Foods such as sardines, shrimp, butter and egg yolks are naturally rich in both cholesterol and vitamin D, but many people avoid them.


For the record, the government panel charged with updating the U.S. dietary guidelines recommended that the cholesterol limit be removed from the 2015 guidelines.


The panel’s report noted “cholesterol is not a nutrient of concern for overconsumption,” and eliminated the 300 milligram per day cholesterol limit that’s been a part of past years’ guidelines.


So feel free to include healthy cholesterol-rich foods in your diet without fear that you’re harming your health. On the contrary, you’re doing your health a favor.


Keep in mind, however, that even if you eat vitamin-D-rich foods, it’s difficult to get enough vitamin D from diet alone. Some experts believe adults may need 4,000 to 8,000 IUs of vitamin D daily to maintain optimal levels (levels associated with cancer prevention). For comparison, there is only 49 IUs of vitamin D in a 100-gram serving of egg yolk and 56 IUs in the equivalent amount of butter.


If You Are Obese, You Need More Vitamin D


If you’re obese, you’re at an increased risk of vitamin D deficiency as well. Some scientists have suggested that vitamin D, a fat-soluble vitamin, gets absorbed by fat tissue in obese people, thereby lowering levels that make it into the bloodstream.


However, evidence showing that vitamin D collects in fat tissue is lacking. Instead, it’s thought that the vitamin D simply gets “diluted” throughout your body if you have more mass than a normal-weight person, which means your levels are likely to dip if you aren’t getting enough from sun exposure or supplementation.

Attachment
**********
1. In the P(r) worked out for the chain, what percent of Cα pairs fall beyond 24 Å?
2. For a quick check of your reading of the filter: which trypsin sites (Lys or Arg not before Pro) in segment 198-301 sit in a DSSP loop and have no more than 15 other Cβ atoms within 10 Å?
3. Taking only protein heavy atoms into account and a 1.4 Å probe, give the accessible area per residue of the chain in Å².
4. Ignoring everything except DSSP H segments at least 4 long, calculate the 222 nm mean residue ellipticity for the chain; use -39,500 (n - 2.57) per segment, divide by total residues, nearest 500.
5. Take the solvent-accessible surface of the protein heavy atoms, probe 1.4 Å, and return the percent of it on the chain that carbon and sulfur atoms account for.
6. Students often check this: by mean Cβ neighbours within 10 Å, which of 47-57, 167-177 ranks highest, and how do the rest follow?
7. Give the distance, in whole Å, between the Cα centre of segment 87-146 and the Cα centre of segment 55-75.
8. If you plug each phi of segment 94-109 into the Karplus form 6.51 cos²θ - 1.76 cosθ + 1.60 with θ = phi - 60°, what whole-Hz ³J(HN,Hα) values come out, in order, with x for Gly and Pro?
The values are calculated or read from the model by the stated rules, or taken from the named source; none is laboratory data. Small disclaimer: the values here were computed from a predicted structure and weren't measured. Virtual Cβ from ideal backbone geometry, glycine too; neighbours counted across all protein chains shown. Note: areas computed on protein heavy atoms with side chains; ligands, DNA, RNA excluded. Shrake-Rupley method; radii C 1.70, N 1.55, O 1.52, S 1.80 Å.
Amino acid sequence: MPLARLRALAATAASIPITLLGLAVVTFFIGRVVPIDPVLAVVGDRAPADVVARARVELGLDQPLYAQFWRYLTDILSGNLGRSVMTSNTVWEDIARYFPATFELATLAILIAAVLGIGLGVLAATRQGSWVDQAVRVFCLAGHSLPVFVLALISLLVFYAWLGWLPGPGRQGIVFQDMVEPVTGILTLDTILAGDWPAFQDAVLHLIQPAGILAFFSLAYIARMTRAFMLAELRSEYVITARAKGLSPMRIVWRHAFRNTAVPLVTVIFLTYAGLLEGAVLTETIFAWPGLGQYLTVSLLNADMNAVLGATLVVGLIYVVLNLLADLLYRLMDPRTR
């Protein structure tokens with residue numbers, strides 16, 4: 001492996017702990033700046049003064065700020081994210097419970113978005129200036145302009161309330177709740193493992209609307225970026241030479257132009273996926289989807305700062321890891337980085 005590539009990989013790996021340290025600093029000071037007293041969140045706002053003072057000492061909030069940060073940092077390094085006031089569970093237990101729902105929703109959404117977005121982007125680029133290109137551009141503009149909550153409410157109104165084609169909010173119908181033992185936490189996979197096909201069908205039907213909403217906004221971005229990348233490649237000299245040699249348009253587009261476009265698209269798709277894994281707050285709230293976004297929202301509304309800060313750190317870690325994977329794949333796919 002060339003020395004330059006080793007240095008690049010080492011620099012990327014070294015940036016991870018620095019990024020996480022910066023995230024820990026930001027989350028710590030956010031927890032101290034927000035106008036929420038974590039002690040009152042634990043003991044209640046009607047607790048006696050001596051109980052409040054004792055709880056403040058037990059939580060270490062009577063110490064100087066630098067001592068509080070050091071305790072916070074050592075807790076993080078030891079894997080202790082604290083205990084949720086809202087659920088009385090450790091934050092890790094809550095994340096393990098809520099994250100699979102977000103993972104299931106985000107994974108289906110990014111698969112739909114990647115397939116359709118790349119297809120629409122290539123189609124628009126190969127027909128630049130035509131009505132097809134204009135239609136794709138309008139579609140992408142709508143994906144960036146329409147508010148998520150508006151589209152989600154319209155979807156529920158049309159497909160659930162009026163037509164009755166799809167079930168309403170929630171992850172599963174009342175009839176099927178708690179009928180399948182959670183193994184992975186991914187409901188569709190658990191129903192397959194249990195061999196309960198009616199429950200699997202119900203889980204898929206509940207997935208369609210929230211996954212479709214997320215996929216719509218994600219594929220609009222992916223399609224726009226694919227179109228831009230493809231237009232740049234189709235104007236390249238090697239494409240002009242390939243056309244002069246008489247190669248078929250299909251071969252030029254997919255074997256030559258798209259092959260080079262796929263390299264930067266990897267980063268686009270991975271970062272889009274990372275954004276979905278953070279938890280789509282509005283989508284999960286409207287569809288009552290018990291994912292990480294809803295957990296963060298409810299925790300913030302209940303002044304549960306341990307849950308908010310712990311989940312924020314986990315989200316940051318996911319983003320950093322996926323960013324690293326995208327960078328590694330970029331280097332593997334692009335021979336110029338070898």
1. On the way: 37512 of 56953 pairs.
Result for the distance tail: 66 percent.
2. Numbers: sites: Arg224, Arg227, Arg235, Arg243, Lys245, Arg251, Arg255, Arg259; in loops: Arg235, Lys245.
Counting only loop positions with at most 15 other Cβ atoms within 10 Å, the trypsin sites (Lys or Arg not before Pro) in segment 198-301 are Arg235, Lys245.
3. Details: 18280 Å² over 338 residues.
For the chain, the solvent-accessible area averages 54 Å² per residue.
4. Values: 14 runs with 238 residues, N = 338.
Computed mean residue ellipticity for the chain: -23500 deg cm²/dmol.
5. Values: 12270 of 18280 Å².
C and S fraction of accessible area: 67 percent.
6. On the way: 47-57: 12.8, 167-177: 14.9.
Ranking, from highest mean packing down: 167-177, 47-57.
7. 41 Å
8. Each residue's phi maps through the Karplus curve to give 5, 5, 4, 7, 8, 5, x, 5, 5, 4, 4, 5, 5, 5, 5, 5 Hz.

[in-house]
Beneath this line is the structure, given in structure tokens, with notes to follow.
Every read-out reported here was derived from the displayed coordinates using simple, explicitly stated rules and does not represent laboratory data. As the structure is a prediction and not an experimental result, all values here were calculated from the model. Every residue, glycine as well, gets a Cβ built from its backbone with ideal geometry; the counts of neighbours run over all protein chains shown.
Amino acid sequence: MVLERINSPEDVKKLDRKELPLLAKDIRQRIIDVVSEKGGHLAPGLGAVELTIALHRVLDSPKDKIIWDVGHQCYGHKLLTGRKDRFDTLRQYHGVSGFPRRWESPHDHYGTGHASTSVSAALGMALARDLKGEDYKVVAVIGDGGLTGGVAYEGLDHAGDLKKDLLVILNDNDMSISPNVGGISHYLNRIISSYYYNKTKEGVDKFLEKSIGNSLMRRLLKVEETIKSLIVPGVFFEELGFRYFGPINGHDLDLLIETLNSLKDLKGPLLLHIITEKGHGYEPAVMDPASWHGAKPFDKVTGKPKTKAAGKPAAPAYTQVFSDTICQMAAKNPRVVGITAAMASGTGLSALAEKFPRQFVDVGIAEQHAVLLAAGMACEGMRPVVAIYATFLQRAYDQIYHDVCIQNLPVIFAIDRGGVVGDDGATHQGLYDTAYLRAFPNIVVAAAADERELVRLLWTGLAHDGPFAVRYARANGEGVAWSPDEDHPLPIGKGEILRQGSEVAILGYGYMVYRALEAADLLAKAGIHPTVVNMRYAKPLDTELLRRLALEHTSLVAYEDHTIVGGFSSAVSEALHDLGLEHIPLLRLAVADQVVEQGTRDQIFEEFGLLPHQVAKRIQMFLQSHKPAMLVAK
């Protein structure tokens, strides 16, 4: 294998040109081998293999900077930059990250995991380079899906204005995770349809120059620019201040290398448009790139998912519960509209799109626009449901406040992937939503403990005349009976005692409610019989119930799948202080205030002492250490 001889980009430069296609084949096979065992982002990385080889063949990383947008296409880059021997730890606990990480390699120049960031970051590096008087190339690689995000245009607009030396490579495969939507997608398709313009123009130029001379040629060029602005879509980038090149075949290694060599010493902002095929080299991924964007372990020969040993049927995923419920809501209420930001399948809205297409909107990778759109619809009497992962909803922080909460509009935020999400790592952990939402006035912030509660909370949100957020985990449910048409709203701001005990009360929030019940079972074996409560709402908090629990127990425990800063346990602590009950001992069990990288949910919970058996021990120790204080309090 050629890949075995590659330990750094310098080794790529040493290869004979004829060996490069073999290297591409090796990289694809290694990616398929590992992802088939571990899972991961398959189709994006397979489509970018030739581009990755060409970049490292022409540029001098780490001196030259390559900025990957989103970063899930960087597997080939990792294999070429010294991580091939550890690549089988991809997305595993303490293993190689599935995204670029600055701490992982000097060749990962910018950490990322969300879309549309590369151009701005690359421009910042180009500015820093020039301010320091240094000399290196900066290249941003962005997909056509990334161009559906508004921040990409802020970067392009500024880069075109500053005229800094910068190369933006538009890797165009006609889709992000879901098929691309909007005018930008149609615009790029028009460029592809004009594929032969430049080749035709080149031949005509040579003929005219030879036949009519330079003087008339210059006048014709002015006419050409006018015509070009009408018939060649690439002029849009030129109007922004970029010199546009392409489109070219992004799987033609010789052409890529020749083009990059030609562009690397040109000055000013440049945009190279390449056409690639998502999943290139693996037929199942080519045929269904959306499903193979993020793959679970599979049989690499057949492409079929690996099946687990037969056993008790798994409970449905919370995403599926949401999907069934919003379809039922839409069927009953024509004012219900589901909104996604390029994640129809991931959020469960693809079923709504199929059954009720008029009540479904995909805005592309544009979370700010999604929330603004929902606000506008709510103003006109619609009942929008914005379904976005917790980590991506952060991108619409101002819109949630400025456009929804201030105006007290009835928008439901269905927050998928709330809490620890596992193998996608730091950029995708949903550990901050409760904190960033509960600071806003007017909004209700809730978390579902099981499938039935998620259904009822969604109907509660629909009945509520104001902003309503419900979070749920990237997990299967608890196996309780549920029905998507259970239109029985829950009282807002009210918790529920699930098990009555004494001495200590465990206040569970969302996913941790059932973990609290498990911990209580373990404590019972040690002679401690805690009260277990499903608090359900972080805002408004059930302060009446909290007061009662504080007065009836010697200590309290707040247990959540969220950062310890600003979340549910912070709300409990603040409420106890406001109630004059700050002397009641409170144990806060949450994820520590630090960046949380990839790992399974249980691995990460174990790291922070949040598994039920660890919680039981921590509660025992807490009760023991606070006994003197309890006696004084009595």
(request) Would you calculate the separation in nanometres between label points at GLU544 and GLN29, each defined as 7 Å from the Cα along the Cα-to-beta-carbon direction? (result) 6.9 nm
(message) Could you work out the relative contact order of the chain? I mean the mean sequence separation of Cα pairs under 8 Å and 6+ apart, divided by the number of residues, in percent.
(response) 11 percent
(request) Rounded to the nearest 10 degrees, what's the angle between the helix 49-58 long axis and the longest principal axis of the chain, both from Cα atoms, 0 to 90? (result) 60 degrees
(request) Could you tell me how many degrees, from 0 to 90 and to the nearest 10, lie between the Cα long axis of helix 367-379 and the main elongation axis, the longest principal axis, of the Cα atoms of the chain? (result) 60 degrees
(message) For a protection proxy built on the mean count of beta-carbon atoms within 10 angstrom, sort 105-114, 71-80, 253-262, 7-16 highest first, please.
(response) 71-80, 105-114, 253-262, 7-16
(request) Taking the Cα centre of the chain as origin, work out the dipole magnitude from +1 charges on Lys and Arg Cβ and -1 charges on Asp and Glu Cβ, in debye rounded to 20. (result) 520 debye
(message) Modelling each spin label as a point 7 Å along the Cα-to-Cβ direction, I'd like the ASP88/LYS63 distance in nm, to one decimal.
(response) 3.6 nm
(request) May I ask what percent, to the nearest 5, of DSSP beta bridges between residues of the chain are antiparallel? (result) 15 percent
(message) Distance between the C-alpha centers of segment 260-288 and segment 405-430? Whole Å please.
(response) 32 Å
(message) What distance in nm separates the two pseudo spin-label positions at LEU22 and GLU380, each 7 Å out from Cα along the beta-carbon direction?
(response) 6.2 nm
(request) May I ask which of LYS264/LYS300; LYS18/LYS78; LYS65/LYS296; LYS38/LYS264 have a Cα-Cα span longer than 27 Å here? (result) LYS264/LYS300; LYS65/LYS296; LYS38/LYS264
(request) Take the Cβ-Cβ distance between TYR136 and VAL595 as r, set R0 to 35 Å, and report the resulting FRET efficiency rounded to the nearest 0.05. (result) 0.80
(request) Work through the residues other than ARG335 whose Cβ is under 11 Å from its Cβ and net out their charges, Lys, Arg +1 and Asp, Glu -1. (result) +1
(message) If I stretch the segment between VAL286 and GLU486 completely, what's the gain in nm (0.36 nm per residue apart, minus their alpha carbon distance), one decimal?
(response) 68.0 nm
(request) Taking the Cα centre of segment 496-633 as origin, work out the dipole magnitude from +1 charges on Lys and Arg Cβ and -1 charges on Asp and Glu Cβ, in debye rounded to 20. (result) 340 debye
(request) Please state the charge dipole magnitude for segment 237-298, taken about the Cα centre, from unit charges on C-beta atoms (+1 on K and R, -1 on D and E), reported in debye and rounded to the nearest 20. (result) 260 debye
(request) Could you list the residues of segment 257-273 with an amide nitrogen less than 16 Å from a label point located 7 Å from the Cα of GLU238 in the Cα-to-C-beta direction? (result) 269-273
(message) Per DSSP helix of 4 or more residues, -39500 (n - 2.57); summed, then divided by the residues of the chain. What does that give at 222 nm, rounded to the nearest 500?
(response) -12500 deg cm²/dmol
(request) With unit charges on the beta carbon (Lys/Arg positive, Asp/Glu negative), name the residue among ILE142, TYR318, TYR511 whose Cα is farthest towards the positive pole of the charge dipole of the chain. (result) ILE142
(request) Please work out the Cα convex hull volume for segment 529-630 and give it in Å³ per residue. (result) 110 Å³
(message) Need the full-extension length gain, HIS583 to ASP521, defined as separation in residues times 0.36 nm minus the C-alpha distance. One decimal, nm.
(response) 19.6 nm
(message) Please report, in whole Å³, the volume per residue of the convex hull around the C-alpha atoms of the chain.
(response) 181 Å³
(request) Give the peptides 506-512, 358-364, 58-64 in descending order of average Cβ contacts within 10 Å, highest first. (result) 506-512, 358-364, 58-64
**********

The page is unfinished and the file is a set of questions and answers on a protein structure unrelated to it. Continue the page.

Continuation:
Sun exposure remains the best way to get your vitamin D levels up, as your body can produce 10,000 to 25,000 IU of vitamin D after just 15 minutes in the sun.


A supplement is your next best option. Look for high-quality vitamin D3, like that found in Super Joint Support (1,000 IUs of vitamin D3 in every serving, plus joint pain relief too).


Finally, be sure to have your vitamin D levels tested regularly (at least once a year if not more). This is the only way to know if you need to increase your vitamin D supplementation and/or sun exposure accordingly.


Your goal is not just to avoid deficiency; it’s to get your levels into a high enough range for the health protection to occur. Research suggests a level between 50 to 80 ng/ml is optimal.


Watch this Video HERE – 10 Everyday Things That Are Bad For You


By Jesse Cannone – Creator of the International Best-Selling Back Pain Treatment Program “Lose the Back Pain System” and Best-Selling Book “The 7 Day Back Pain Cure”


Unlike most treatments which only deliver temporary relief, if any at all, muscle balance therapy delivers lasting relief to 8 out of 10 people who use it because it addresses the underlying cause of the pain, not just the symptoms.

If you are suffering from any type of back pain, neck pain or sciatica, I urge you to learn more about this breakthrough new treatment. Click HERE to learn more